(jointly with Javier de Frutos and Paula M. López-Pérez).

April 7, 2021

**ISS Informal Systems Seminar **

**Apr 9, 2021 10:00 AM – 11:00 AM **(Eastern Daylight Time, UTC -4)

**Webinar link**

Webinar ID: 910 7928 6959

Passcode: VISS

In this work, we study a model for opinion dynamics where the influence weights of agents evolve in time via an equation which is coupled with the opinions’ evolution. We explore the natural question of the large population limit with two approaches: the now classical mean-field limit and the more recent graph limit. After establishing the existence and uniqueness of solutions to the models that we will consider, we provide a rigorous mathematical justification for taking the graph limit in a general context. Then, establishing the key notion of indistinguishability, which is a necessary framework to consider the mean-field limit, we prove the subordination of the mean-field limit to the graph one in that context. This actually provides an alternative (but weaker) proof for the mean-field limit. We conclude by showing some numerical simulations to illustrate our results.

Bio: Nathalie Ayi is an Assistant Professor at the Jacques Louis Lions laboratory at Sorbonne University (Paris). Before joining this laboratory, she was a post-doctoral fellow in the IPSO INRIA team at Rennes. She received her PhD degree in Mathematics from the University of Nice Sophia-Antipolis in 2016. Her field of research is partial differential equations with a specific interest in kinetic theory and the study of scaling limits.

April 6, 2021

**Dynamic Games and Applications Seminar **

**Apr 8, 2021 11:00 AM – 12:00 PM **(Eastern Daylight Time, UTC -4)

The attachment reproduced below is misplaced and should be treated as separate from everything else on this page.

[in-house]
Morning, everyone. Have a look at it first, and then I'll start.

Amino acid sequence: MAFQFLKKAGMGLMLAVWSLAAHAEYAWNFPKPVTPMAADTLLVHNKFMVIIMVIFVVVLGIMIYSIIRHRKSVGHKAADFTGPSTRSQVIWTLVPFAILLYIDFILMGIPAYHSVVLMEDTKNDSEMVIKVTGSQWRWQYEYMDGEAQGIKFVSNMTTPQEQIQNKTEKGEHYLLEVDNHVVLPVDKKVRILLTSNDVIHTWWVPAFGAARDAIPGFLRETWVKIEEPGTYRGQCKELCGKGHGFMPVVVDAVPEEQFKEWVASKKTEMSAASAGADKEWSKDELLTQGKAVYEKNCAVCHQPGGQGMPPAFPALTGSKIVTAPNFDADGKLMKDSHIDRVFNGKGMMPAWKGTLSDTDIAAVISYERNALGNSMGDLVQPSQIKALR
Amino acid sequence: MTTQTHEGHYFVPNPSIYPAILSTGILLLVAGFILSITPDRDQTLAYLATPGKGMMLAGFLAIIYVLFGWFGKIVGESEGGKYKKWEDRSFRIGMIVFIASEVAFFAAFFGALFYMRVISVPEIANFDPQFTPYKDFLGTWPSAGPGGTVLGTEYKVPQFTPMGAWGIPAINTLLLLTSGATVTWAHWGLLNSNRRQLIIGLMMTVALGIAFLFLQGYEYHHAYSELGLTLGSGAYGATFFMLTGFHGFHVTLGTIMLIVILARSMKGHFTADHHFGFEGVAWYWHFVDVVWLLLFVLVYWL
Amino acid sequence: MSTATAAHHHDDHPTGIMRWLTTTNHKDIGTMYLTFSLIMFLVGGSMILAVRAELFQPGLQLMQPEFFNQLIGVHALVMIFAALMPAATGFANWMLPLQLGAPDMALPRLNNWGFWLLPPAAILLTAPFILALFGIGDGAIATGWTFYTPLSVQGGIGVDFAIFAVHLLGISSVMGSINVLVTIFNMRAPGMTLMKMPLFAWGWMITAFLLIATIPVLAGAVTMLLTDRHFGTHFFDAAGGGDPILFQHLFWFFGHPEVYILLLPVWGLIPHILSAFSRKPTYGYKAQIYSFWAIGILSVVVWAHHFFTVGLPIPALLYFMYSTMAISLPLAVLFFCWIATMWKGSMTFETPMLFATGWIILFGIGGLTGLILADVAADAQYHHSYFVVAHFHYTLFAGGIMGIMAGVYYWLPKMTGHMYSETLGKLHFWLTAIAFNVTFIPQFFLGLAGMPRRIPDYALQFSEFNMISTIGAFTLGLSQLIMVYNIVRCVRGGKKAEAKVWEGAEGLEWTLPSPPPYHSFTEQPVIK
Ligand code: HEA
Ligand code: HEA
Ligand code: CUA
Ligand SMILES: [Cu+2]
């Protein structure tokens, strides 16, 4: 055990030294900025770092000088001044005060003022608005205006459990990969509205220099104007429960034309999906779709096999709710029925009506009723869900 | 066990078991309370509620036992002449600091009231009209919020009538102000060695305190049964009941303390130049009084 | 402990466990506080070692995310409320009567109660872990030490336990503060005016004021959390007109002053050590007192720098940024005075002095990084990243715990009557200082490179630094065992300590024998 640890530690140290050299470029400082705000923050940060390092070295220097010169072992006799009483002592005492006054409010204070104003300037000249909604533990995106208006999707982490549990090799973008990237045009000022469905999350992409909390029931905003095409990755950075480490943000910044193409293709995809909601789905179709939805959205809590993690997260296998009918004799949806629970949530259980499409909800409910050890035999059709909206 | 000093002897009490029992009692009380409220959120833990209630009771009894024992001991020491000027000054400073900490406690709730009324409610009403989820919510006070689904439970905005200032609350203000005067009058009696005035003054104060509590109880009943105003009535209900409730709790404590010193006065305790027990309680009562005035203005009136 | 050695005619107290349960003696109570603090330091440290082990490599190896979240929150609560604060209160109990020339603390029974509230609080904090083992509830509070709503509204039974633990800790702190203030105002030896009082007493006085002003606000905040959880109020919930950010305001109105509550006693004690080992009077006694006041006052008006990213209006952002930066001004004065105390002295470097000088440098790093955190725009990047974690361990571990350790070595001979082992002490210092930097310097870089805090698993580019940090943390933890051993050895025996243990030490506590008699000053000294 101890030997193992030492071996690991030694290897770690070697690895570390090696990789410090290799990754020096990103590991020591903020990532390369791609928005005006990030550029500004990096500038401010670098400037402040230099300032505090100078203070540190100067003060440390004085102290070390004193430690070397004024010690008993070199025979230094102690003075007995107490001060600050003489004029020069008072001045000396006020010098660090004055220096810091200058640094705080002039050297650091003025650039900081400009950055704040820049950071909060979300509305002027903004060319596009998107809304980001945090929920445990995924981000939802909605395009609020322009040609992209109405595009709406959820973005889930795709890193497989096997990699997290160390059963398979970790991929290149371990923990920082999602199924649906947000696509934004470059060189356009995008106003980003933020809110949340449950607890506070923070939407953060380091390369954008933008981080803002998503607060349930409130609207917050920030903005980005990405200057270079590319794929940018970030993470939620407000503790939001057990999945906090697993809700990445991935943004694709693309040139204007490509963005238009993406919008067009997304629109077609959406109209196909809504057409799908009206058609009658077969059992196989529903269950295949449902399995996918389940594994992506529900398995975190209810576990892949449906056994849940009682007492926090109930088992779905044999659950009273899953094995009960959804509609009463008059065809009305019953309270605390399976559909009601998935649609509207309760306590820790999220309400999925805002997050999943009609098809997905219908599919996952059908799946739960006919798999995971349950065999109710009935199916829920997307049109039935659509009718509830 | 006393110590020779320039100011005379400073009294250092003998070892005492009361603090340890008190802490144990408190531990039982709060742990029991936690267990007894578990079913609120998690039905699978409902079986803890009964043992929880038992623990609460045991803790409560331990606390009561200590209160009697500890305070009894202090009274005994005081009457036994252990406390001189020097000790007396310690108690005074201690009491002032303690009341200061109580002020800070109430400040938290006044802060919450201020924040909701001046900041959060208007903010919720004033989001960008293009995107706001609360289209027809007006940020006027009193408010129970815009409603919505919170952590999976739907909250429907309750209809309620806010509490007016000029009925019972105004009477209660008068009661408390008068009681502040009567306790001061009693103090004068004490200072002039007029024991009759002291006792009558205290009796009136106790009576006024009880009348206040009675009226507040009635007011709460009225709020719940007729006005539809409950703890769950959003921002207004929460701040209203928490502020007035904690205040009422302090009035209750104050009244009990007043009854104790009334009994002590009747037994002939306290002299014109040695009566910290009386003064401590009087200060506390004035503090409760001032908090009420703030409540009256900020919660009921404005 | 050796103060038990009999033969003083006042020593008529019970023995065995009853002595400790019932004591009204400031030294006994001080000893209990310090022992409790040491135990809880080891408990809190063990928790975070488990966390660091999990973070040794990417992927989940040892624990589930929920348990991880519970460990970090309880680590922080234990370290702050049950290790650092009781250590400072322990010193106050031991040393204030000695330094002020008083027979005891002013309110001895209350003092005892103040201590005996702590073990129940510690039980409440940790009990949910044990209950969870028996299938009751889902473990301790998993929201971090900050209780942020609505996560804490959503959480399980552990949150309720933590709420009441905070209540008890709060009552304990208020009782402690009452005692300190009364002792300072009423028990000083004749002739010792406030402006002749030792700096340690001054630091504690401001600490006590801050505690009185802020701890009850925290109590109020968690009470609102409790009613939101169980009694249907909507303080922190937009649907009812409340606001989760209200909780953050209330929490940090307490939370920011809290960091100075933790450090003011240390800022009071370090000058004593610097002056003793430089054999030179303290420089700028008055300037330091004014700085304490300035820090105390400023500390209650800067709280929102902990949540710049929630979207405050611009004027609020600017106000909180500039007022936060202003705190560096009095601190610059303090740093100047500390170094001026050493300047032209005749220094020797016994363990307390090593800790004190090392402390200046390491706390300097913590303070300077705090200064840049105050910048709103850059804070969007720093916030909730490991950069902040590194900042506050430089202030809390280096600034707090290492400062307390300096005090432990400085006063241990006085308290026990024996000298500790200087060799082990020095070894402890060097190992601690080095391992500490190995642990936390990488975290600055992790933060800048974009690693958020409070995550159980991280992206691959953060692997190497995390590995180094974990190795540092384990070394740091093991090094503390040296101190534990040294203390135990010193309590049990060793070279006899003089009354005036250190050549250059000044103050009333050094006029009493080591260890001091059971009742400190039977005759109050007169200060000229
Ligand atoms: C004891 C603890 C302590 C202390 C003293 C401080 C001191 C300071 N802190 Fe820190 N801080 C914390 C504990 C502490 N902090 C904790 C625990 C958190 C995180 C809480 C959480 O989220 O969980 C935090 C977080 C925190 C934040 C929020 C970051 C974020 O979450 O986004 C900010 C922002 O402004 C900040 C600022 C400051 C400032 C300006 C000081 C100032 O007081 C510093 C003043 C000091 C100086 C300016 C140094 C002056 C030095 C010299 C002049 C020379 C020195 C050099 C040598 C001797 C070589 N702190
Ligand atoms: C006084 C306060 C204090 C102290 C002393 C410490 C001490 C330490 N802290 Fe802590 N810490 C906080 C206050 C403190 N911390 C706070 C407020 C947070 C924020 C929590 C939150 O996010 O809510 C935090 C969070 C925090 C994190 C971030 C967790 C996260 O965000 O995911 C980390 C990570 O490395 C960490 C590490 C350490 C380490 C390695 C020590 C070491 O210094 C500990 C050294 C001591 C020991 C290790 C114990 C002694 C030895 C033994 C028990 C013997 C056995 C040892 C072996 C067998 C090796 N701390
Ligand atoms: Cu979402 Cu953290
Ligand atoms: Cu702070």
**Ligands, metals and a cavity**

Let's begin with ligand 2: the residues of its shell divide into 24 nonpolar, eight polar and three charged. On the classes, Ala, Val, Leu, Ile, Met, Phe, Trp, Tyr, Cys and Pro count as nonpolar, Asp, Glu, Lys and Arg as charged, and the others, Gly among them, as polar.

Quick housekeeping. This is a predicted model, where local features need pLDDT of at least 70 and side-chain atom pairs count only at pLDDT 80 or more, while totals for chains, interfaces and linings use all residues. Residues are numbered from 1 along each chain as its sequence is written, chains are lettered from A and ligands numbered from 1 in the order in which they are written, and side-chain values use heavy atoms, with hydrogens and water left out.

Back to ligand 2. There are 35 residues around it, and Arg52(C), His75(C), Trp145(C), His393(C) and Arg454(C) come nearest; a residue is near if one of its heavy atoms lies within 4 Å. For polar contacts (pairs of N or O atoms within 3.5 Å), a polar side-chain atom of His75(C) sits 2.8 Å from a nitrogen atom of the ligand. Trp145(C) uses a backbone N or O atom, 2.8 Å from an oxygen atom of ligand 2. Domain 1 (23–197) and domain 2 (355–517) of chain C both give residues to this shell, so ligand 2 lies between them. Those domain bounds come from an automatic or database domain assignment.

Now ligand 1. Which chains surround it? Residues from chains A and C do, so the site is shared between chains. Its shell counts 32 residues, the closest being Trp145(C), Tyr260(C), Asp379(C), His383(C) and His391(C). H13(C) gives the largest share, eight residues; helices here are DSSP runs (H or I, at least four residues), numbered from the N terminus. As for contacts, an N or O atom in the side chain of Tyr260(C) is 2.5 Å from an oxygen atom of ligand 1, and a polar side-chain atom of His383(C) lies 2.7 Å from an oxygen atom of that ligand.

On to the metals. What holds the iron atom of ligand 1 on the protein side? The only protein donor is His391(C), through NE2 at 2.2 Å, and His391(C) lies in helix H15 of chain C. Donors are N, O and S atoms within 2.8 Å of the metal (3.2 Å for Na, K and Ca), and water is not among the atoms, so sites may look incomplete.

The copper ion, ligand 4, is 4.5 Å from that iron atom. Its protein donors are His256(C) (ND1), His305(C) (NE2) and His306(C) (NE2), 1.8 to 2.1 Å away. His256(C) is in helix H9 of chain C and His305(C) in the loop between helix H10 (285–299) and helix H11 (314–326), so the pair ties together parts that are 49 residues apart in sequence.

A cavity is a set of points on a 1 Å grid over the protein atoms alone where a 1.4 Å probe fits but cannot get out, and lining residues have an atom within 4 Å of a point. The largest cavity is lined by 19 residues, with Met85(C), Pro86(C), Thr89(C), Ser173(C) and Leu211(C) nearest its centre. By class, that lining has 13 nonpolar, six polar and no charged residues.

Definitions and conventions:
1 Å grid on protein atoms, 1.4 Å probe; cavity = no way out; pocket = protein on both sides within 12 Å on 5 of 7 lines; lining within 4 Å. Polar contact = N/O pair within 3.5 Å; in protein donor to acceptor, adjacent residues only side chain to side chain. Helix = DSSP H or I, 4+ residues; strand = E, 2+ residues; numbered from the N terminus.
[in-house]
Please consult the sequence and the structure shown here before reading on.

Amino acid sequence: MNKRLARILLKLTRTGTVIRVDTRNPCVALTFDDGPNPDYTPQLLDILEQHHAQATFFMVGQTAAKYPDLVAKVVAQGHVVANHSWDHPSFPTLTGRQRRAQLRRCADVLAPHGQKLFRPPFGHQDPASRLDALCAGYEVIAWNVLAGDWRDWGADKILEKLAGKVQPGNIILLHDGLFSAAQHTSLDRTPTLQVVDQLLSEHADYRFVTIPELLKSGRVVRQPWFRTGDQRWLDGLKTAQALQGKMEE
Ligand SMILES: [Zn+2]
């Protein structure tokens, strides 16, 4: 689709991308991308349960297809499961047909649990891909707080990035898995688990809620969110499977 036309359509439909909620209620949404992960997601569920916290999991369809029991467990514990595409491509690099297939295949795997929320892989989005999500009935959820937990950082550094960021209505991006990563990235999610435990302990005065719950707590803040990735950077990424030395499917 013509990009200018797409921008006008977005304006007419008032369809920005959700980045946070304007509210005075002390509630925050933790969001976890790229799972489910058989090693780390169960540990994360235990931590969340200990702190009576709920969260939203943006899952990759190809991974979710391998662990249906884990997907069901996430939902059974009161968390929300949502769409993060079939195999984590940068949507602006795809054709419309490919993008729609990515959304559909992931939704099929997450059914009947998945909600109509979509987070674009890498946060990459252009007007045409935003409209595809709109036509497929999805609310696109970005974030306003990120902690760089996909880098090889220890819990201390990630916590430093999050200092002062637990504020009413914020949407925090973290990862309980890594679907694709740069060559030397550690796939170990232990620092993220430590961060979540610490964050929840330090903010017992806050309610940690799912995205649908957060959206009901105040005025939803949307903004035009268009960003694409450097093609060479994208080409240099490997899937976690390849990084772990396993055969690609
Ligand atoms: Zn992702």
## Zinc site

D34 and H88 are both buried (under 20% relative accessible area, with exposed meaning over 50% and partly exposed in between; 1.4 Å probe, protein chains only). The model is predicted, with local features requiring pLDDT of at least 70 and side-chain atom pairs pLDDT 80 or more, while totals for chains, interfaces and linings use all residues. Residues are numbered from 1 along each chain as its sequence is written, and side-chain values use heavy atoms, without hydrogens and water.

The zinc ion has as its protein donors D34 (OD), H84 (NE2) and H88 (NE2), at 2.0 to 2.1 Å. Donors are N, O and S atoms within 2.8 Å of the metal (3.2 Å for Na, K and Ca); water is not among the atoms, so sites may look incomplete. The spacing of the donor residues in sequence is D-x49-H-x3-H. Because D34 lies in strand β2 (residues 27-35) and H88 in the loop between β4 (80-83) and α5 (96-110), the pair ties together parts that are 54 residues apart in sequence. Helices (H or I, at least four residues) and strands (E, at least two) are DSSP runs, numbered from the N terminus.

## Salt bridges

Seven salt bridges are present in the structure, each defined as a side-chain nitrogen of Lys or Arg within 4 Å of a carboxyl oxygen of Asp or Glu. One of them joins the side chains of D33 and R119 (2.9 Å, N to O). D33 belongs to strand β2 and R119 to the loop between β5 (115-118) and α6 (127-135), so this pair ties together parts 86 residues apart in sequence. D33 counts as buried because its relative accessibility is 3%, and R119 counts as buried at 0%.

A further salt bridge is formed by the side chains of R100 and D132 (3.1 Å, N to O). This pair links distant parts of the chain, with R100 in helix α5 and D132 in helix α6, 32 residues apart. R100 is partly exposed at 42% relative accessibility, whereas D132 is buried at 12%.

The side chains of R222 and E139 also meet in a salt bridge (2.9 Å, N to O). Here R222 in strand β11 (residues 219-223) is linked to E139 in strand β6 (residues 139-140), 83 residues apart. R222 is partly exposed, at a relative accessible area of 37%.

Webinar link

Webinar ID: 962 7774 9870

Passcode: 285404

One year after the beginning of COVID-19 pandemic, vaccination seems to be the main instrument to block its spread, by raising the percentage of unsusceptible population. The best tool to overcome the pandemic is obviously the development of a sufficiently effective vaccine. Thus since the beginning of the pandemic considerable R&D effort is made. In the meantime, the lockdown still remains the most effective tool to contrast this virus. Assuming that the discovery time of such successful vaccine is not known a priori, we formalize a two-stage optimal control problem with stochastic switching time, where in the first period (before the vaccination entry) the control functions are the research effort and the lockdown, while in the second period both vaccination and lockdown tools act in synergy.

(with Stefan Wrzaczek, Maddalena Muttoni, Michael Freiberger)

March 29, 2021

**Dynamic Games and Applications Seminar **

**Apr 1, 2021 11:00 AM – 12:00 PM **(Eastern Daylight Time, UTC -4)

Webinar link

Webinar ID: 962 7774 9870

Passcode: 285404

We introduce a framework for new product diffusion that integrates consumer heterogeneity and strategic social influences at individual level. Forward-looking consumers belong to two segments: individualists, whose adoption decision is influenced by the price and firm’s goodwill, and conformists, whose adoption decision depends on social influences and the price. We use a mean-field game approach to translate consumer strategic interactions into aggregate social influences. We provide the conditions for existence and uniqueness of equilibrium. Our results suggest that the firm adopts a penetration pricing strategy when consumers are forward-looking, whereas it implements a penetration-skimming policy in face of myopic consumers.

(Jointly with Rabih Salhab and Georges Zaccour)